Coming to Our Senses


By Theresa Henne With Thanks to Bo-Mi Choi for Her Lecture and Her Comments on the Blogpost

Capitalism has created enormous wealth. Yet people are unhappy and work harder and longer than ever before and more and more people struggle to make ends meet.  At the source of this contradiction – increasing anxiety and poverty amidst enormous productive capacity and wealth – lies capitalism’s relentless drive for surplus value (or capital), explains Bo-Mi Choi, in her public lecture “Artificial Intelligence in the Age of Surveillance Capitalism - A Critical Theoretical Perspective,” which she gave as part of the Sommerdiskurs am Wolfgangssee. Bo-Mi Choi is a lecturer in Social Studies at Harvard University, studied law „in another life“, holds a PhD in Modern Intellectual European History and lately concerns herself with the conditions for human flourishing in an algorithmic society.

In her lecture, Bo-Mi Choi quickly sketches the fundamentals of Karl Marx’s critique of capitalism in front of the audience with pen and paper: Use value = Concrete & physical … arrow to Labour … baking bread / Exchange value = abstract, social agreement ... arrow to Labour ... hours spend baking bread … quantification of labouring activities … and so on

At the heart of Bo-Mi Choi’s depiction are Marx’s concepts of the commodity form and surplus value, the latter of which represents the inner principle of capitalist accumulation, the logic that drives the system. The production costs must decrease steadily in order to allow the surplus value to increase. While the primary source of surplus value is, according to Marx, extracted from human labor power, higher levels of productivity are achieved through technological innovation. Theses innovations, however, lead to competitive advantage only as long as other market players have not yet caught up. When they do, the playing field is once again levelled.  Marx shows clearly in Capital Vol. 1 how value, or capital, is relative and conditioned on the “socially necessary labor time” attained by a given society.  Thus, as technological innovation is only a partial and above all temporal fix, people, in the long run, work harder and longer, leading to what the Marxian theorist Moishe Postone calls the “treadmill-effect” of capitalism. You run but remain in the same spot.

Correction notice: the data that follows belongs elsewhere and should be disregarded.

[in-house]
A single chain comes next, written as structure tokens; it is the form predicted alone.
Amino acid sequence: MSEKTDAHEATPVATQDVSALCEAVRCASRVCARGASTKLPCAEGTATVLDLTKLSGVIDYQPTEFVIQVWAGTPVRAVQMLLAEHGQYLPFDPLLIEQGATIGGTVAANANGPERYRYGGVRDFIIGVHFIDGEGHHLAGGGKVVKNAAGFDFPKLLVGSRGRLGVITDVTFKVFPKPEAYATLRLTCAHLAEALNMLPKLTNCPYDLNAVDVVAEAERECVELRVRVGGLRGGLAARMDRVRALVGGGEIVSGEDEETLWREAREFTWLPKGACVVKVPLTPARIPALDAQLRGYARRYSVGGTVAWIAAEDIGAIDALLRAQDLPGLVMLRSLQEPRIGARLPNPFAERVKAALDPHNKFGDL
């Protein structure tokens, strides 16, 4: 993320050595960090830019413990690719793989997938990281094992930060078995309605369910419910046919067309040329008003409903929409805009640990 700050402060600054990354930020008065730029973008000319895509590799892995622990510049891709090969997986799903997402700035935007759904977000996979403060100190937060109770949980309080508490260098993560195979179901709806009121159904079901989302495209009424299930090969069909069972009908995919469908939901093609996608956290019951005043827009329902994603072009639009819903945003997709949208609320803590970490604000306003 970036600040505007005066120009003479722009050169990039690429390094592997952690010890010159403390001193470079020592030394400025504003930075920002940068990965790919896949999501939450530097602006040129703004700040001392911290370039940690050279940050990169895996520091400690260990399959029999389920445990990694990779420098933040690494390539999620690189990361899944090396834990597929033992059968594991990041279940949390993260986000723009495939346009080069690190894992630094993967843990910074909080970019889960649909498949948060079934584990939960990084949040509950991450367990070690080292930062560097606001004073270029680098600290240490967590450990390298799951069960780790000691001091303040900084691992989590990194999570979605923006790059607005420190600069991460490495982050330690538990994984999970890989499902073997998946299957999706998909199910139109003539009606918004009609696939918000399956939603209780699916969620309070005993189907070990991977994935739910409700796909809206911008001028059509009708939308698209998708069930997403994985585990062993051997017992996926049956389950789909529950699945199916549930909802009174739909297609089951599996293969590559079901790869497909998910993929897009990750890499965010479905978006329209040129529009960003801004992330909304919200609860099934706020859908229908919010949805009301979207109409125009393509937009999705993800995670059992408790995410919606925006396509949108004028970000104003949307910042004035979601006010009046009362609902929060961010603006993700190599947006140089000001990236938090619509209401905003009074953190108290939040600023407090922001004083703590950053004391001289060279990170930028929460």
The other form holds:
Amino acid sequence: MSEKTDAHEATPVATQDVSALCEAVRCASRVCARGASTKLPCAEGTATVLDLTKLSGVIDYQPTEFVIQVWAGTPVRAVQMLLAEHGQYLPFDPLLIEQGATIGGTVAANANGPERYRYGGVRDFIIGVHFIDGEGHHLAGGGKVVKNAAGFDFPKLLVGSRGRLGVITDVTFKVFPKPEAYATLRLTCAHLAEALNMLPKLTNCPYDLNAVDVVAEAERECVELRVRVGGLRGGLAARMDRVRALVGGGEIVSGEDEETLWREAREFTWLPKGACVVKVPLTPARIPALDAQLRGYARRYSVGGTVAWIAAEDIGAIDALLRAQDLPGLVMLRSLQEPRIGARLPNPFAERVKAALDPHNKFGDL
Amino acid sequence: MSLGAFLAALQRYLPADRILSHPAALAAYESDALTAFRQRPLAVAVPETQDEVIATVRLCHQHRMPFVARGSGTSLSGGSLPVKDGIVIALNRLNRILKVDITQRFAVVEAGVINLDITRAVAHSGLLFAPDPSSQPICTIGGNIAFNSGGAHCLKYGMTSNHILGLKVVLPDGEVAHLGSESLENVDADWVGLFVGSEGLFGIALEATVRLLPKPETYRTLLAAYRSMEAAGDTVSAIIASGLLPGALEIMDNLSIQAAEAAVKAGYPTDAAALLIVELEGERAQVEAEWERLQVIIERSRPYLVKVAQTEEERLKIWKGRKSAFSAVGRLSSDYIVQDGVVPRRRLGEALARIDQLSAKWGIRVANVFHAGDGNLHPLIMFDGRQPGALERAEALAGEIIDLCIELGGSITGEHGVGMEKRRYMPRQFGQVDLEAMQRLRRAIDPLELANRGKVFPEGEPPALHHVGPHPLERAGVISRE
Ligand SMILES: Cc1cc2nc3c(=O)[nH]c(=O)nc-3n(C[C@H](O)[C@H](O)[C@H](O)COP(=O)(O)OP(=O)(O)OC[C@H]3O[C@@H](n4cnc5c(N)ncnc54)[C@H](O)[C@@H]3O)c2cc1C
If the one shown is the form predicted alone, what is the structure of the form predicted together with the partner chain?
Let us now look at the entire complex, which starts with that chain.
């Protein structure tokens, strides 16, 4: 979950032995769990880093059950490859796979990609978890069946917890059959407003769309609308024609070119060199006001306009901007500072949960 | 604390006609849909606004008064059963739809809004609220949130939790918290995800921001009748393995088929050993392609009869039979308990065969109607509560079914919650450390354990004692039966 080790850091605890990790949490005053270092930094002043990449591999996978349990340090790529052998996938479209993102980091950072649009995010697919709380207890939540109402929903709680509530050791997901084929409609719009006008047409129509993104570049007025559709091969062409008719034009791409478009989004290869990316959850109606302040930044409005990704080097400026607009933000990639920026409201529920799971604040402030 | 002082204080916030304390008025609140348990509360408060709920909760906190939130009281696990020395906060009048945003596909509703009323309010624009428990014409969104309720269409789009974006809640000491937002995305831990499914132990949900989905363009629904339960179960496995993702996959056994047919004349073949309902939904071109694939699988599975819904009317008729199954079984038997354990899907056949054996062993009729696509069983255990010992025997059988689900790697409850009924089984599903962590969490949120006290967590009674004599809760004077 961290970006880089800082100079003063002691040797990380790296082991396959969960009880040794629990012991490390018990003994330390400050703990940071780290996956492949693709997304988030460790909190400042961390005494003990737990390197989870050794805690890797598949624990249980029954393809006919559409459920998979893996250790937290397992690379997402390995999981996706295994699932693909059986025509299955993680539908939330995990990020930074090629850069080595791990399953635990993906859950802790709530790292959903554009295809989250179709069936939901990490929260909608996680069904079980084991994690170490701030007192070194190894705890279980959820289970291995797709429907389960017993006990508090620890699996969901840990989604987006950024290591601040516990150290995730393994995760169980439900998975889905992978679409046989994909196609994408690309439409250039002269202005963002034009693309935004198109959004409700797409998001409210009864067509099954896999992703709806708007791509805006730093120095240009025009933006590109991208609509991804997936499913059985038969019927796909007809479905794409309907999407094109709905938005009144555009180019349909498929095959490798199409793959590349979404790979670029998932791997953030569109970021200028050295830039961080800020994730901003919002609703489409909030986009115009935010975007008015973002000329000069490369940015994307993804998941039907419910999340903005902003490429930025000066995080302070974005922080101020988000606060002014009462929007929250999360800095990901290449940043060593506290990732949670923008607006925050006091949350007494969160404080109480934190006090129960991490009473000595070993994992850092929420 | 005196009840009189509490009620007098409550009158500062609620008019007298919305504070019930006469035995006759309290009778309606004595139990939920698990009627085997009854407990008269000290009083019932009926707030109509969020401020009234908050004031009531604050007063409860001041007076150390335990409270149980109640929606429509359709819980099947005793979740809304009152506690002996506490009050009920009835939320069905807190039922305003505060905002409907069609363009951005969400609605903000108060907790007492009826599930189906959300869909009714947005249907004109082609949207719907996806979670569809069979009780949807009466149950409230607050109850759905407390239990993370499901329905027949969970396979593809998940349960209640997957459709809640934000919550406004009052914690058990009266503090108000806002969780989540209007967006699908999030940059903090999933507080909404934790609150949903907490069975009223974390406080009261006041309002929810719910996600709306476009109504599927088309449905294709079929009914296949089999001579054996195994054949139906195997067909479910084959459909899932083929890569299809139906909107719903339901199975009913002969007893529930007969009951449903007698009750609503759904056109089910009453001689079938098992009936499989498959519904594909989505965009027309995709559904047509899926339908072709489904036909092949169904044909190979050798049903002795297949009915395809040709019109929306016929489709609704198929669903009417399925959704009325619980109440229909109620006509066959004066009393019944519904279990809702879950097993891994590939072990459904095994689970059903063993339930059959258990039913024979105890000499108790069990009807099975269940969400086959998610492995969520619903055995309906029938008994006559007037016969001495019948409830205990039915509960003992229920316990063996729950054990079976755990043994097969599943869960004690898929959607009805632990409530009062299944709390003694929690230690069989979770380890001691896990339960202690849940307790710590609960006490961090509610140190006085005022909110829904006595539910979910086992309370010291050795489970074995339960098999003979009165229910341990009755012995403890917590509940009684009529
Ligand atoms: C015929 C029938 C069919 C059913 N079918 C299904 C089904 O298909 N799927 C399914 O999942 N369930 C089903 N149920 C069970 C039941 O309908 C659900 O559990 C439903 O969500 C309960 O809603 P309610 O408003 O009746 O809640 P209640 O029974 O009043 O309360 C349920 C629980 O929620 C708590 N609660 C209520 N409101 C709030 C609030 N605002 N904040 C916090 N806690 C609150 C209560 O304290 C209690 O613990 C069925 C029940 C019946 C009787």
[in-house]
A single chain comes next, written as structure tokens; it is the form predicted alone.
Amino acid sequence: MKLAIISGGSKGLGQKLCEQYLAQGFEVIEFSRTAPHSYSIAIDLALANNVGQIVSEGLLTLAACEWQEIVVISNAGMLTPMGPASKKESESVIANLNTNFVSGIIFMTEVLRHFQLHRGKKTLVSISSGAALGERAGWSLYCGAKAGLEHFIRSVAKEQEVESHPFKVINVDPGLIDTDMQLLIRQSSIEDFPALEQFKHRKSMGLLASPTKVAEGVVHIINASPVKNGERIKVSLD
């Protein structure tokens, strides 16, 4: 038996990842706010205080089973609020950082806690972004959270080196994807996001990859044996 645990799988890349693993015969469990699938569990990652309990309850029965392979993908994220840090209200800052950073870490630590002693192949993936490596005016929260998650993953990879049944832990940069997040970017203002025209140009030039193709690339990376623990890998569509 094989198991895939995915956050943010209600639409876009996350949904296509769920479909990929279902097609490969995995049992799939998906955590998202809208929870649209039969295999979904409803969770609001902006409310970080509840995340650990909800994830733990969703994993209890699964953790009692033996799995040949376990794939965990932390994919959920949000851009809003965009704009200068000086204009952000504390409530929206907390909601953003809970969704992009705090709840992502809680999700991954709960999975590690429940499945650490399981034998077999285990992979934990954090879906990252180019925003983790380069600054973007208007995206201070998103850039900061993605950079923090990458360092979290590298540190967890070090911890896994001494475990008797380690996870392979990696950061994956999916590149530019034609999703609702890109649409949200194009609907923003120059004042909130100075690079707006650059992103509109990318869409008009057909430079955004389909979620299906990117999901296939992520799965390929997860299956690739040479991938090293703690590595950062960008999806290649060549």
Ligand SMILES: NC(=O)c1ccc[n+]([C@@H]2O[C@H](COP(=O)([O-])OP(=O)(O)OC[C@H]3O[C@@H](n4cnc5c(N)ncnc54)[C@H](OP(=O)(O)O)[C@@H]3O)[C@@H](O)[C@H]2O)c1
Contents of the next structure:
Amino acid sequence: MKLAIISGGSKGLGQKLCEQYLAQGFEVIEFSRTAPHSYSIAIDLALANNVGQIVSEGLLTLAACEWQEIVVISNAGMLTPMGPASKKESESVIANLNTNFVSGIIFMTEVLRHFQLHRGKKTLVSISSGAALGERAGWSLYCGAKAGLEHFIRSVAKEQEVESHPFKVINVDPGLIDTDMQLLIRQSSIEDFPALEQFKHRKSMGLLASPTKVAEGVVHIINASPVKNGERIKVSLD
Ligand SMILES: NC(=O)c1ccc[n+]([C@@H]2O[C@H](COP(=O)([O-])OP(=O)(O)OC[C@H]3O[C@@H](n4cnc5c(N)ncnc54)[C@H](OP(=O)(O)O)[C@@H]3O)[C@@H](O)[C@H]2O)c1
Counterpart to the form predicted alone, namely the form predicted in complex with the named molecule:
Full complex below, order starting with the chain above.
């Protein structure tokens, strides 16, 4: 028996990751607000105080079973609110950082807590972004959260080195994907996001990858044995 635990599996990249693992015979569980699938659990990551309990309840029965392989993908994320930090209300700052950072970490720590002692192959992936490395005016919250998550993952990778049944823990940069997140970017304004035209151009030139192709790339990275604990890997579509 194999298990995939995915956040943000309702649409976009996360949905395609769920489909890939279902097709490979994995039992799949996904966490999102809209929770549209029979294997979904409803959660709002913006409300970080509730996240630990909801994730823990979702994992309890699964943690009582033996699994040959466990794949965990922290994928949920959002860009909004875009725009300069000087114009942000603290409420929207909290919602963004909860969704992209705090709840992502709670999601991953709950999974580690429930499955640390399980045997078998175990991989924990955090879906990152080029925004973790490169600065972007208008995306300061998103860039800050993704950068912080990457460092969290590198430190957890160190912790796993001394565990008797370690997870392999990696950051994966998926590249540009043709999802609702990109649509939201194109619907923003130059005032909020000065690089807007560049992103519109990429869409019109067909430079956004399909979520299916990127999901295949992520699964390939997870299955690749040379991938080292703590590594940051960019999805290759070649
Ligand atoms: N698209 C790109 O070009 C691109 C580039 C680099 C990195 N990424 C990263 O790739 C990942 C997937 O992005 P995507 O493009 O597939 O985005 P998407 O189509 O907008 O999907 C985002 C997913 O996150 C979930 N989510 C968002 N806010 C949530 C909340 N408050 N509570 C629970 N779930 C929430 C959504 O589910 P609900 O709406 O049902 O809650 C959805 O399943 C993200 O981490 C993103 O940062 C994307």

In the final part of her lecture, Bo-Mi Choi turns to surveillance capitalism, a term famously coined by Shoshana Zuboff. Bo-Mi Choi argues that the logic of AI-technology driving the digital economy replicates the features of capitalism. The digital economy builds on the extraction of data from our very bodies, actions and experiences, which are then used to make predictions about people’s future behaviour. The surplus value in the digital economy is extracted from the business of making and selling such predictions, e.g., in the domain of advertisement. In the logic of endless capitalistic growth, people hence would need to be ever more data-fied in order to increase the profits of the data economy. In fact, Bo-Mi Choi predicts that virtual worlds such as the Metaverse would be basically directed at this aim.

Furthermore, Bo-Mi Choi points to three arguments why AI-technology, which fundamentally is the automation of intellectual labor, so perfectly complements the capitalist logic. Both capitalism and AI:

-          are highly intransparent and abstract to the degree that people are unable to understand and hence cannot question its inner workings, which in turn leads to a sense of feeling helpless in the face of quasi-objective economic forces as well as AI technology – both of which are constituted and created by human beings

-          are based on the commodification of peoples time spent working or simply using their phone

-          translate qualitatively different experiences into quantifiable, that is, homogenous, units (e.g., bread is no longer a means to appease hunger but becomes a commodity that can be traded, as well as a numerical value on a diet tracker app).

Marx’s critique of capitalism allows us, so Bo-Mi Choi argues, to realize that capitalism is a socially created and historically specific force, not a natural one. In other words, rather than succumbing to technological determinism, we must remain critical and come to a vision of human flourishing that goes beyond merely quantitative, that is, capital gains. We need “a Nietzschean reevaluation of values.” Bo-Mi Choi ends her lecture by invoking Adorno’s appeal that we need to literally come to our senses (Selbstbesinnung). Jenny Odell’s „How to Do Nothing,“ Bo-Mi Choi points out, might serve as a potential source of inspiration for such a practice of Selbstbesinnung. To achieve an interruption of AI-driven capitalism, we might be required to disengage with the digital playground built to distract us from the real world.

The points raised by Bo-Mi Choi ended up sparking interesting discussions with industry representatives in the following days. In a panel discussion on the topic of innovation and sustainability, an audience member asks, how can the logic of the surplus value requiring the extraction of more and more value from planet earth go hand in hand with sustainability? The answer by a panellist circled around the notion of technological innovation; however, ‘The surplus value remains untouched’ seemed to be the message between the lines.

Bo-Mi, how can we come to our senses? 

Begrüßung bei Franz-Stefan Meissel
Vortrag bei Bo-Mi Choi
Frage aus dem Publikum